Winter, Spring, Summer, And Fall: Caring For Your Fruit Trees Year Round

You look forward all year to the time when you can finally reach for that fruit tree and come away with a juicy peach, crisp apple, or tart lemon. But that moment doesn't come without a lot of time and effort throughout the year. Fruit trees in particularly must be protected and cared for during all seasons if you want the delicious payoff come spring. Read on for a list of tips you can use during the spring, summer, fall, and winter to ensure this next year is your best harvest yet.


With the emergence of spring comes warmer weather, but that welcome warmth can also encourage disease and pests, making spring the perfect time to sanitize and spray.

The University of Nebraska-Lincoln Extension suggests collecting all dead leaves and fruit from the tree that stayed on through the winter and burning or discarding them. This will kill any disease that survived the cold weather and keep it from spreading to other plants. Gathering any old leaves, branches, or other plant matter from around the tree will likewise protect it from dormant diseases.

This is also a good time to set out insect traps and spray the appropriate pesticide or fungicide to protect against bugs and bacteria. Dormant oil should be applied before buds appear on apple and pear trees, while lime-sulphur can be used on apricot, cherry, peach, and plum trees.

A simple way to attract and entrap early season insects that could harm your fruit trees is to paint a large ball red and slather it with petroleum jelly. The color will lure insects to the ball, and the sticky substance should trap them before they lay eggs.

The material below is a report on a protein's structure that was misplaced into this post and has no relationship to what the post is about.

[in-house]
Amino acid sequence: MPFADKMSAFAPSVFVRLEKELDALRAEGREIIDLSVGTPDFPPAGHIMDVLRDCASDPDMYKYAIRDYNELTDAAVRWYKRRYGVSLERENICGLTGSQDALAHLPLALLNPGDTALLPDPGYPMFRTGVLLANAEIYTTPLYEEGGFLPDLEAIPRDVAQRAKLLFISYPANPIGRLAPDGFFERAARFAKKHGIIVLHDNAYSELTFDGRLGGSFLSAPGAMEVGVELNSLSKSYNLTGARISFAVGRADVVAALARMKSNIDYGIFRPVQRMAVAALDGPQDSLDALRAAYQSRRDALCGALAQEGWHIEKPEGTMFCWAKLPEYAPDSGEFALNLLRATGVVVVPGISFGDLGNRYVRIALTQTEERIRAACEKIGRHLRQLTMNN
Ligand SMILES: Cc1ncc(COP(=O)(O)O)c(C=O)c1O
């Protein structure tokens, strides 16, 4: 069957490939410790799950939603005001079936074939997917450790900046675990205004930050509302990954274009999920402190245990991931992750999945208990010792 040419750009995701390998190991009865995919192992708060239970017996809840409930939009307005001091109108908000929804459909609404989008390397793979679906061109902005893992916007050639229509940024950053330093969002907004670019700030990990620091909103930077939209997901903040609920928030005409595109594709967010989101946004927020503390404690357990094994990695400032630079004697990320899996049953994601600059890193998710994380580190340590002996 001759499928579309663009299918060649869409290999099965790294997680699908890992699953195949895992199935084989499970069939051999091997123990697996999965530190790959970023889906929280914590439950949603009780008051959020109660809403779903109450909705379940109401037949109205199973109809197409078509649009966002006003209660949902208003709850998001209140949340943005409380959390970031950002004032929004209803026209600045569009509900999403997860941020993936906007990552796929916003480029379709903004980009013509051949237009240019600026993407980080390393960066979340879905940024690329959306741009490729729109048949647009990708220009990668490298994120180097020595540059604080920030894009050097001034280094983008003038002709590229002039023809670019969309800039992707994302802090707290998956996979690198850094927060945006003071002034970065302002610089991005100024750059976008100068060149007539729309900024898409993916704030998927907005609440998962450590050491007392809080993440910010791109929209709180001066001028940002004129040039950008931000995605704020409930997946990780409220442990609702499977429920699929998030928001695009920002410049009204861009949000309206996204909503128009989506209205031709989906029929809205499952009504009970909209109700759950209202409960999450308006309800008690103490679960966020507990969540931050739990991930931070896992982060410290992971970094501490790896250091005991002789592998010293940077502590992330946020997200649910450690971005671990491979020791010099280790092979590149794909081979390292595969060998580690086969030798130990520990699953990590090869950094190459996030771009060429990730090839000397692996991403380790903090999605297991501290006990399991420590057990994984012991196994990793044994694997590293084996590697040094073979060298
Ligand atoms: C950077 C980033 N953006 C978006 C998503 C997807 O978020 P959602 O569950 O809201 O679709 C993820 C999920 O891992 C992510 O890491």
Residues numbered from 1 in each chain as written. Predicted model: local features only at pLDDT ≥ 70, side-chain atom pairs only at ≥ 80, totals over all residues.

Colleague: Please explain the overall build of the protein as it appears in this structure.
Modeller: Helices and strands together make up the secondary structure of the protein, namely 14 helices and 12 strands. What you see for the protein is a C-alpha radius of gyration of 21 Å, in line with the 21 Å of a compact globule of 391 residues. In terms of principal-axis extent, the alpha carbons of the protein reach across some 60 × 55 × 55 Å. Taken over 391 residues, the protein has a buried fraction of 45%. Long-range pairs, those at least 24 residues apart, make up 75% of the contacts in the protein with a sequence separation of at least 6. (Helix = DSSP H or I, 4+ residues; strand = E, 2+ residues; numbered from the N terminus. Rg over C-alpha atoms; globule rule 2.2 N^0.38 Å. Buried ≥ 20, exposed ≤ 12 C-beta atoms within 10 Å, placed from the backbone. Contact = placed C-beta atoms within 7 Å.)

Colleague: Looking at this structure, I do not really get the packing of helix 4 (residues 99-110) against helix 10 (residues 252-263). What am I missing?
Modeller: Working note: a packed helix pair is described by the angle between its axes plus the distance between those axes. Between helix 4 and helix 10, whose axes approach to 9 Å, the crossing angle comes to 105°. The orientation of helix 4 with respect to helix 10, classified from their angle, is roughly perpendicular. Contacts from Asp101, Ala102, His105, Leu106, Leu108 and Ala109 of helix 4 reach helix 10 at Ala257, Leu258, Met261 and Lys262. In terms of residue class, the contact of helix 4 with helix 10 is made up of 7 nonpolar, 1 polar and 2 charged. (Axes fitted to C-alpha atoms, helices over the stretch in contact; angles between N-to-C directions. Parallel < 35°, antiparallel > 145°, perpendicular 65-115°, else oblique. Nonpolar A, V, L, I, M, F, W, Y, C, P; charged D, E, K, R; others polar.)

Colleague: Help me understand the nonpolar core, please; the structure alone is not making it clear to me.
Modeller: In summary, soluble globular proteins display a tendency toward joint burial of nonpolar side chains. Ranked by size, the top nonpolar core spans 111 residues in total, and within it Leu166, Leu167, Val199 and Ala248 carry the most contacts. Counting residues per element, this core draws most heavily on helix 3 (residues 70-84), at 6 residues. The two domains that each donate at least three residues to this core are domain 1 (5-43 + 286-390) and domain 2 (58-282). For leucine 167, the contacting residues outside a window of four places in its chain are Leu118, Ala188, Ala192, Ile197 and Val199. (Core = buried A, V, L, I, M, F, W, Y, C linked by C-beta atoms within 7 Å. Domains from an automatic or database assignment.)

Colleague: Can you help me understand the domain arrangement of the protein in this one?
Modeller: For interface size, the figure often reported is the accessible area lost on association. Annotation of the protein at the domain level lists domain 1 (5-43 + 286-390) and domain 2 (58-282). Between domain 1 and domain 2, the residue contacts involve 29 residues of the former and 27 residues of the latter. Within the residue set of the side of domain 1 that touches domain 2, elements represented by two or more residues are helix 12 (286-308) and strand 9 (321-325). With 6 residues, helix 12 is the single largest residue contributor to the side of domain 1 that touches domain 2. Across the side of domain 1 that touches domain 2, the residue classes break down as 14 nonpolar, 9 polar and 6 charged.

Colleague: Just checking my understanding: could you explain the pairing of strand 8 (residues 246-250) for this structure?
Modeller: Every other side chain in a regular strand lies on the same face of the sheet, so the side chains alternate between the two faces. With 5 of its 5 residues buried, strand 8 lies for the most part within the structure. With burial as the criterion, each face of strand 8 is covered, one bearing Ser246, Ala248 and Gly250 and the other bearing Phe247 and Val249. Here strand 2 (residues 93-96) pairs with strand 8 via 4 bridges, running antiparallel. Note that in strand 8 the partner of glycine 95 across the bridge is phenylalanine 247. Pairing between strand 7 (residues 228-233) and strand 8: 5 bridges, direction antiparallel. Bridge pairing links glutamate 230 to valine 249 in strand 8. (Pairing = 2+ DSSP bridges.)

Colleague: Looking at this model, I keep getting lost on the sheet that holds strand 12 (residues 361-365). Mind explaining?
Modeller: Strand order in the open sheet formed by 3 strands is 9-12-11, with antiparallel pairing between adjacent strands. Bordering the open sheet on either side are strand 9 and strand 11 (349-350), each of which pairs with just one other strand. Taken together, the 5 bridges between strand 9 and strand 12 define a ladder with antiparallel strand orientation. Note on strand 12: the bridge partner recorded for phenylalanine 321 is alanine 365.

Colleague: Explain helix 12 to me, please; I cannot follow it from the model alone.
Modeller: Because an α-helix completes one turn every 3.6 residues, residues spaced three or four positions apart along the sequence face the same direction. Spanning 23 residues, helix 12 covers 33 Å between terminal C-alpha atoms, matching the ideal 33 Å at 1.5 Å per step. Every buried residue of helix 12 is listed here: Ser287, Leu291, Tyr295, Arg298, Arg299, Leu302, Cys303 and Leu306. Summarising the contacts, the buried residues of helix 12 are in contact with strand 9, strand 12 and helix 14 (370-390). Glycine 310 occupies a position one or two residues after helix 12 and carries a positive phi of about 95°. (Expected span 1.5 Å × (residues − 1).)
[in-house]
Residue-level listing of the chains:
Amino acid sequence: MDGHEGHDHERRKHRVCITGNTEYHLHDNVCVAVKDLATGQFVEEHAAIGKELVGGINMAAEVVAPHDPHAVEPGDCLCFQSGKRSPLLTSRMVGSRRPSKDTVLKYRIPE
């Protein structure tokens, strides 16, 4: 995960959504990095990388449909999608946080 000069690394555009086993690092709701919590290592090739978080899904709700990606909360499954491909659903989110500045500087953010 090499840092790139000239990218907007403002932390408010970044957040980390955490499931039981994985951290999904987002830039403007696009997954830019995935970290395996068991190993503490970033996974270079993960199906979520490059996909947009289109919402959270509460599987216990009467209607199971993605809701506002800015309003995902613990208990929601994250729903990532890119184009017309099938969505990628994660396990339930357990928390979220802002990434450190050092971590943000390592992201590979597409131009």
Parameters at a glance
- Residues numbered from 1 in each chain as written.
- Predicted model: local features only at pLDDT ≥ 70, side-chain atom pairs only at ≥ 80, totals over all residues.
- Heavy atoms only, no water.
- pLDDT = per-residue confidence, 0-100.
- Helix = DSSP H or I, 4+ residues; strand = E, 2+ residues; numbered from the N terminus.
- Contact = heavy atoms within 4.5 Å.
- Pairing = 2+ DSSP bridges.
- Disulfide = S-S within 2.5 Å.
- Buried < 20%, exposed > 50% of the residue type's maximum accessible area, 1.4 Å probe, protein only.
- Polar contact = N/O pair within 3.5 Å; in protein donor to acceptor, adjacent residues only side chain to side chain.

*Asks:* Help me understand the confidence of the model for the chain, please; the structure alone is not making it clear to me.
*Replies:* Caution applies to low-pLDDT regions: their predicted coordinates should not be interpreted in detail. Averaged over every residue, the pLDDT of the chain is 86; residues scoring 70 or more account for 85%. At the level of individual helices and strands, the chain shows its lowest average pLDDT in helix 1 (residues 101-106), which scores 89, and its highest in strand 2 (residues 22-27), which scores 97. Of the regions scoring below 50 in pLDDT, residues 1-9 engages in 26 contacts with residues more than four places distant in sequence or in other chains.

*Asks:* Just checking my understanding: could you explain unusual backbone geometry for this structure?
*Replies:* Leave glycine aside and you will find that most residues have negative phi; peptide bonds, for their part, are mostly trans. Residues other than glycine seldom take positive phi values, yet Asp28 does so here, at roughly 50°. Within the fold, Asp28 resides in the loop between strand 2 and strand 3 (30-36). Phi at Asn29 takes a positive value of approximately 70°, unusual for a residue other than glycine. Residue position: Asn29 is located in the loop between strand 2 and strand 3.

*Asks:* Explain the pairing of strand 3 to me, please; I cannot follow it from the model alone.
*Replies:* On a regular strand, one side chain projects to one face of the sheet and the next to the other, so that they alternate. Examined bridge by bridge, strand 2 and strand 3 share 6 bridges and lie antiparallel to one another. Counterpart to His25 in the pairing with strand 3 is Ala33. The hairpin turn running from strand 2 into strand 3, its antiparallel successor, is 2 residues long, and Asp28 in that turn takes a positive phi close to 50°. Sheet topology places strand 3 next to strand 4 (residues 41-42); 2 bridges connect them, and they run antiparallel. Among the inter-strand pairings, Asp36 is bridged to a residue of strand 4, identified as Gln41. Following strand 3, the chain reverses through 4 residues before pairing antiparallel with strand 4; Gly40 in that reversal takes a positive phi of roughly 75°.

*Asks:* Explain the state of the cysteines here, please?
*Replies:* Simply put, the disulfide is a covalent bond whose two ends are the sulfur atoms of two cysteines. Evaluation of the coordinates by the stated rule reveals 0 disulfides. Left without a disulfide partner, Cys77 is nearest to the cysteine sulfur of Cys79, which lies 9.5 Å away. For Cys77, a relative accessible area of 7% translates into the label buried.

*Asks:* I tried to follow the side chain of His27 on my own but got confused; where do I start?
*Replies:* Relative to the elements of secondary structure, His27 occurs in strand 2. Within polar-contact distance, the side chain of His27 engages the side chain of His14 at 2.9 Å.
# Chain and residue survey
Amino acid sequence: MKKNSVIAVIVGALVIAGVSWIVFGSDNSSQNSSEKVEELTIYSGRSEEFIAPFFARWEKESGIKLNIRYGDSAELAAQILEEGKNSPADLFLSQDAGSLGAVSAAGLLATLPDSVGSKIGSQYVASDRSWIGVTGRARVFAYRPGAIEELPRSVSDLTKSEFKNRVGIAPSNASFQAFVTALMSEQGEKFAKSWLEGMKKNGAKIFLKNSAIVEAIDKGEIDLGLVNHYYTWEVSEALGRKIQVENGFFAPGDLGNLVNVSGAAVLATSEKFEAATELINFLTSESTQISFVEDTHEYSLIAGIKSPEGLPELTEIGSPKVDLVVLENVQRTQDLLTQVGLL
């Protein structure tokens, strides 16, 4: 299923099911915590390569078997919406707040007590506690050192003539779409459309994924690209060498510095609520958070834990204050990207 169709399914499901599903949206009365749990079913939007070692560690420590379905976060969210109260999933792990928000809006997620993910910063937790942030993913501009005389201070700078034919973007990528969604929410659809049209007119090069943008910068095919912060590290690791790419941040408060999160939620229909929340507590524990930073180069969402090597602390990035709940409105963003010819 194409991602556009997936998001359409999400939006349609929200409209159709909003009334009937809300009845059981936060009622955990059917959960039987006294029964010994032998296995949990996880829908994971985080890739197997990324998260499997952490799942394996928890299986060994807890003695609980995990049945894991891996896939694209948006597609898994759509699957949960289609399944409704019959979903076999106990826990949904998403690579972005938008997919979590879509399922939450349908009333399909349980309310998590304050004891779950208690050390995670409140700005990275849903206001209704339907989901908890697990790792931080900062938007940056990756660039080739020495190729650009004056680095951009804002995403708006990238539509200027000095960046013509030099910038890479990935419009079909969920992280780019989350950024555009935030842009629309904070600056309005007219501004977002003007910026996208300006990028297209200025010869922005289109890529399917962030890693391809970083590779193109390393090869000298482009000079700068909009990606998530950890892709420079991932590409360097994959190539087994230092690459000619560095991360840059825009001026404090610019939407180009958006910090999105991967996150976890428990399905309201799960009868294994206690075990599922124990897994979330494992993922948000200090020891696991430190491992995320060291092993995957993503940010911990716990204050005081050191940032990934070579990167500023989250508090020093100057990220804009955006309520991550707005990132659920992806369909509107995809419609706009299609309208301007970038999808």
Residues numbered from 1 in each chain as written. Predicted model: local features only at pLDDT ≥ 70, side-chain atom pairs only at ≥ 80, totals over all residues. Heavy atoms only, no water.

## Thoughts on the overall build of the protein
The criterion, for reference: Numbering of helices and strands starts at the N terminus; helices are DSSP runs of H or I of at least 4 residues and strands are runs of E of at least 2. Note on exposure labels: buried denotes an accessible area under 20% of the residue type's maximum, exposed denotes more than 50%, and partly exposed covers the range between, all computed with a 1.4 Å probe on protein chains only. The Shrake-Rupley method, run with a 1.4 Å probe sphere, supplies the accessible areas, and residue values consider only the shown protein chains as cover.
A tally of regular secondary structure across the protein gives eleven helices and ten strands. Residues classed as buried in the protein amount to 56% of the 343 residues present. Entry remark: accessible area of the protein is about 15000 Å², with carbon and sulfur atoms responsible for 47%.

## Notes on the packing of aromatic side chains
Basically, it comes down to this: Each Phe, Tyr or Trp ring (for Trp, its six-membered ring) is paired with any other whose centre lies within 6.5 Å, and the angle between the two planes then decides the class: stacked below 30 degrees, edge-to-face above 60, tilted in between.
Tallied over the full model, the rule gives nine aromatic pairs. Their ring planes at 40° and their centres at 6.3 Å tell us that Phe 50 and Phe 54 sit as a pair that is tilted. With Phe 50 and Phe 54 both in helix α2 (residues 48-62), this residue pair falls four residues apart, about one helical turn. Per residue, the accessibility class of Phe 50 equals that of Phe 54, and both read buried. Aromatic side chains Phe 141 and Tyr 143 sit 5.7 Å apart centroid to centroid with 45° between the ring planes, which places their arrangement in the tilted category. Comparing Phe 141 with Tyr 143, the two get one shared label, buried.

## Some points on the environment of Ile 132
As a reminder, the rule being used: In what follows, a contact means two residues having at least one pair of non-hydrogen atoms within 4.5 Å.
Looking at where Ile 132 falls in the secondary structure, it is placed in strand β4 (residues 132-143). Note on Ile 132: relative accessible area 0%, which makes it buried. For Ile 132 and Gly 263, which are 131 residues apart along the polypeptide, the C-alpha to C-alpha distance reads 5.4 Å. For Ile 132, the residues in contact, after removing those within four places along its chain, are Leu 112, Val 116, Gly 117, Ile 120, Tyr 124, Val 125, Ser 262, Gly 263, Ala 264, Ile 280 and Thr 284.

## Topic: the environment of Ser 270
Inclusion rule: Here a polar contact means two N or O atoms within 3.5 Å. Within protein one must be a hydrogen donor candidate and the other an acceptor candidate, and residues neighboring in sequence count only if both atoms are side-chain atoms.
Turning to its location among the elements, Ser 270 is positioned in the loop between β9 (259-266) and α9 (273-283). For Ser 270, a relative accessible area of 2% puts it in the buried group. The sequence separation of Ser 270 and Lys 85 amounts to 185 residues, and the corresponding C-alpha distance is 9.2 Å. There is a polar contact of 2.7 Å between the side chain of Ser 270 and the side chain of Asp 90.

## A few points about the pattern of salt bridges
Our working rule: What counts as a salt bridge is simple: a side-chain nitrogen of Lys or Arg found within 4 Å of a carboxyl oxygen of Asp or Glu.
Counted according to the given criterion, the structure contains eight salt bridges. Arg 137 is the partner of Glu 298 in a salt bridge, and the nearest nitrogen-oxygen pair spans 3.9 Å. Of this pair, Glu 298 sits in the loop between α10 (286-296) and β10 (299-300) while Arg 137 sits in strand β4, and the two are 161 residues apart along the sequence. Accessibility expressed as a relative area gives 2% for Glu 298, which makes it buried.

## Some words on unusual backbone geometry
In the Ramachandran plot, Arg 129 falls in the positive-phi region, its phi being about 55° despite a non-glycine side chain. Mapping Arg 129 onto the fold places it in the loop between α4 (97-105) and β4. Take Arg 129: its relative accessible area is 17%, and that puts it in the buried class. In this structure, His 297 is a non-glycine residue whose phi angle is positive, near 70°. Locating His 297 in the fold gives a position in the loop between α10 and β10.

Once summer hits, your fruit trees are in full-growth mode, and your fruit is starting to appear. The following precautions can help ensure you get the most out of your fruit trees:

  • Inspect your tree—bark, branches, trunk, leaves, etc.—regularly for any signs of pests or disease, so you can fight back as soon as possible.
  • Water a lot, but less frequently. This forces your trees to establish a deep root system. The National Gardening Association recommends watering every one to two weeks if your soil is sandy and watering every two or three weeks in clay soil.
  • Use mulch to suppress weeds around the tree trunk, keep the soil moist longer, and discourage mowing or weed whacking too close to the trunk.
  • Apply fertilizer or compost in early summer to promote new growth before it's too late in the season.
  • Thin fruit early on to ensure the tree branches will be able to support the weight of all the mature fruit. You may mourn the loss early on, but you'll be grateful later when it keeps an entire branch from breaking off.


Autumn is the time of year to harvest your fruit and prepare the tree to weather the winter.

When harvesting, be careful not to break off the branch spurs, the short twigs that hold the fruit, as those twigs produce the fruit the following year.

Raking fallen leaves out from your fruit tree's base can prevent mice and other pests from making their home near your trees' roots and trunk. It also helps your tree avoid picking up any sickness from diseased leaves. For similar reasons, remove any overripe or rotting fruit from the tree and surrounding ground.

If you do notice any damage to your trees from mice, rabbits, deer, or other animals, consider installing a tree guard around the base.


Once winter sets in, continue to monitor your trees to make sure they don't sustain any damages from bad weather or pests. Insulating with mulch can also protect against frozen roots, which almost certainly mean death for a fruit tree. A few inches deep of compost, wood chips, straw, or pine needles can protect your tree and also add nutrients to the soil as they break down. 

For further help, contact a professional tree maintenance company, such as Tidwell's Tree Service.